Don’t Film Me Bro: Getting Arrested for Filming People in Public Places

-By Warner Todd Huston

The law has not caught up with cell phone cameras, Flip Cameras, compact video cameras, and the electronic age. Two stories being reported last weekend prove out how the ubiquity of video capture devices are often a gray area in the law.

In one case a woman in Rochester, New York, pulled out her video camera to record the actions of a local policeman as he arrested a neighbor. As it happens, this woman was standing on her own front lawn, no where near the policeman who was going about his duties, yet this cop got incensed and arrested her anyway. He claimed she was guilty of obstruction of justice.

How this woman’s actions was interfering with the police officer is impossible to figure, but she was detained nonetheless.
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Don’t Film Me Bro: Getting Arrested for Filming People in Public Places”

Big Brother Bubba’s Ministry of Internet Facts

-By Warner Todd Huston

Bill Clinton wants the government to “correct” what you say on the Internet, folks. Should the government listen to the former panderer-in-chief, we’ll go from Big Brother to Big Bubba on the ol’ Internet tubes.

Bubba is not happy with what he claims is the “misinformation” on the Internet and he wants the force of government to stop it all. Politico is reporting that Clinton makes the proposal in an upcoming CNBC interview saying, “It would be a legitimate thing to do.”

No, Bubba, it would not.
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Big Brother Bubba’s Ministry of Internet Facts”

Bait Shop Owner Under Attack By City over Fish Painting

-By Warner Todd Huston

The ACLU finally gets one right by taking the side of a beleaguered bait shop owner in Clearwater, Florida that is under attack by city officials over a mural of game fish painted on the outside walls of his bait shop.

City officials are claiming that the fish painting is an “advertisement sign” that falls under a beautification ordinance prohibiting large signs for businesses. The City has fined the shop’s owner Herb Quintero $700 and is warning that a further $500 a day fine can be imposed unless he paints over the fish.

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Bait Shop Owner Under Attack By City over Fish Painting”

King Uncorks Clunker: The Cell Phone Clicky Noise Act

-By Warner Todd Huston

In a what-was-he-thinking move, Representative Peter King (R-NY) has recently introduced H.R. 414, the Camera Phone Predator Alert Act which is aimed at preventing “predators” from taking illicit photos of others in public with cell phones. The bill will force cell phone manufacturers to make the camera feature of a cell phone emit a noise so that it will be audibly obvious when a picture is taken.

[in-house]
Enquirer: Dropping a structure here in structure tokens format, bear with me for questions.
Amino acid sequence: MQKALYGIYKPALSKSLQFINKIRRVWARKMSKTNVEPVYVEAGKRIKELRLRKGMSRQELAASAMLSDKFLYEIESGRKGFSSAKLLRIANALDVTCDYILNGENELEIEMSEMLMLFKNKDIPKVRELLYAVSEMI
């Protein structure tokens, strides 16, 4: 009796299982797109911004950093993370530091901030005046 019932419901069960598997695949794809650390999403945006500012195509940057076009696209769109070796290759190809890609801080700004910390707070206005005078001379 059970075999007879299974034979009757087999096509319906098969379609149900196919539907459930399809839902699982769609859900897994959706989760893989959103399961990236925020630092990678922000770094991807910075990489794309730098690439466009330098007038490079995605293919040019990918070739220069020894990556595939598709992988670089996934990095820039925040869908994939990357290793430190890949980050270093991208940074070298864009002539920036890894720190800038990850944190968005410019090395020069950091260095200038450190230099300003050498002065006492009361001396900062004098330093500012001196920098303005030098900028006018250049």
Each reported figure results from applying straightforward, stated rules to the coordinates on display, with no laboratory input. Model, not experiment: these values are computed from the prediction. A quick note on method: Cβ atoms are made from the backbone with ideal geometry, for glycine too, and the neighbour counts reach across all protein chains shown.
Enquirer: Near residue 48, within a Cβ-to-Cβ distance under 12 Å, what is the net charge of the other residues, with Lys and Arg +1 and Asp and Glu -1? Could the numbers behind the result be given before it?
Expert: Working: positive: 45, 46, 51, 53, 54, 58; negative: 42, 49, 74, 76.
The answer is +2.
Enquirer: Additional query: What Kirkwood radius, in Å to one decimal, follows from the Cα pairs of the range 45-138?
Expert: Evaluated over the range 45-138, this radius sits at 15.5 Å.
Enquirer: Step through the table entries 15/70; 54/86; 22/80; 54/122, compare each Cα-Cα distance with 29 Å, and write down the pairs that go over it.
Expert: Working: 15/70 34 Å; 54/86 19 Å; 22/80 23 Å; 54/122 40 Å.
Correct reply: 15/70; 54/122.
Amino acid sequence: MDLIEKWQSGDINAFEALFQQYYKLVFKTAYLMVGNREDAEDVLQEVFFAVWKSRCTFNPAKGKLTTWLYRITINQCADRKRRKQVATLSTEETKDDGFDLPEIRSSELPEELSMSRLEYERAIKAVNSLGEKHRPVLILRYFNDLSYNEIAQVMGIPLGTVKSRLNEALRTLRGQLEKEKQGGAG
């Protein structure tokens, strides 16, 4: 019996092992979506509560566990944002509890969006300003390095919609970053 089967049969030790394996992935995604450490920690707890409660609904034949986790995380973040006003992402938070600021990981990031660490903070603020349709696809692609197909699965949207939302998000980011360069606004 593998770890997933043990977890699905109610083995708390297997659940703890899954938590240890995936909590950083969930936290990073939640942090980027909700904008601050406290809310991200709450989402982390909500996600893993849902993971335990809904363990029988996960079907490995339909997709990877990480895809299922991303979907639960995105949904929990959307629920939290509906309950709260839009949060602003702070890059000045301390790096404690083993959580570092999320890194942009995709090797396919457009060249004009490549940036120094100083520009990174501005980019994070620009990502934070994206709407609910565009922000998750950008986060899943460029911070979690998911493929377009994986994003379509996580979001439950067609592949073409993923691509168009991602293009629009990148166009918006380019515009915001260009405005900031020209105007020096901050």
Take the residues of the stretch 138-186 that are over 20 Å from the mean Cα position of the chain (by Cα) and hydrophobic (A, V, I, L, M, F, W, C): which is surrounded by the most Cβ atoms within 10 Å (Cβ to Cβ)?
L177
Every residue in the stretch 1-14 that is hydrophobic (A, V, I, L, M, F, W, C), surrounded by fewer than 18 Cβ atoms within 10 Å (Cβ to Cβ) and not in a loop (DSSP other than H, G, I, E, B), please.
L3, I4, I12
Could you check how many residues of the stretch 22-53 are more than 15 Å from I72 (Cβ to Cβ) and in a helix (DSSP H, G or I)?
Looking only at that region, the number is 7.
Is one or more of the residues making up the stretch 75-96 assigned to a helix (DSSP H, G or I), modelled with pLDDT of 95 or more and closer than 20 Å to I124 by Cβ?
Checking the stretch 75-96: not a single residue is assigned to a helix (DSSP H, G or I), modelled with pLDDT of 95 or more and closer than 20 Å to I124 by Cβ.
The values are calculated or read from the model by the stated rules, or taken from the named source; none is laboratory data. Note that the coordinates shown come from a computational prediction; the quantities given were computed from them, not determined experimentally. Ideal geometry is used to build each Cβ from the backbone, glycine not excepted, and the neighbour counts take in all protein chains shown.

As the bill summary at states:

Requires any mobile phone containing a digital camera to sound a tone whenever a photograph is taken with the camera’s phone. Prohibits such a phone from being equipped with a means of disabling or silencing the tone. Treats the requirement as a consumer product safety standard and requires enforcement by the Consumer Product Safety Commission (CPSC).

Really? So now we are mandating sounds here? Should we begin to make laws that devices of every kind emit some sort of sound to alert everyone in the vicinity that something has been used in their presence, and predicate it all on “public safety”? And, what if someone doesn’t like the particular sound chosen? Are we going to sue to get the sound we like? Will the government then make rules of what kind of sound is made, how loud, how long? Will there be great volumes of the sorts of sounds “allowed” for one thing or another? Clicks for cameras? Star Trek-like swooshing sounds when doors open?

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Why Google lost the formal debate over its ethics — And a compendium of Google’s ethical lapses

-By Scott Cleland

Google effectively lost its first formal debate over whether “Google violates its own ‘Don’t Be Evil’ motto” at the Rosenkranz Foundation’s Oxford-style debate in New York City, November 18. (Transcript here)

Before the debate the audience was polled and voted 21% against Google and 48% for Google; after gathering additional insight from the debate, 47% voted against Google and 47% voted for Google. Apparently, most all of the undecideds voted against Google — that Google violated their own ‘don’t be evil’ motto.

What does this mean?
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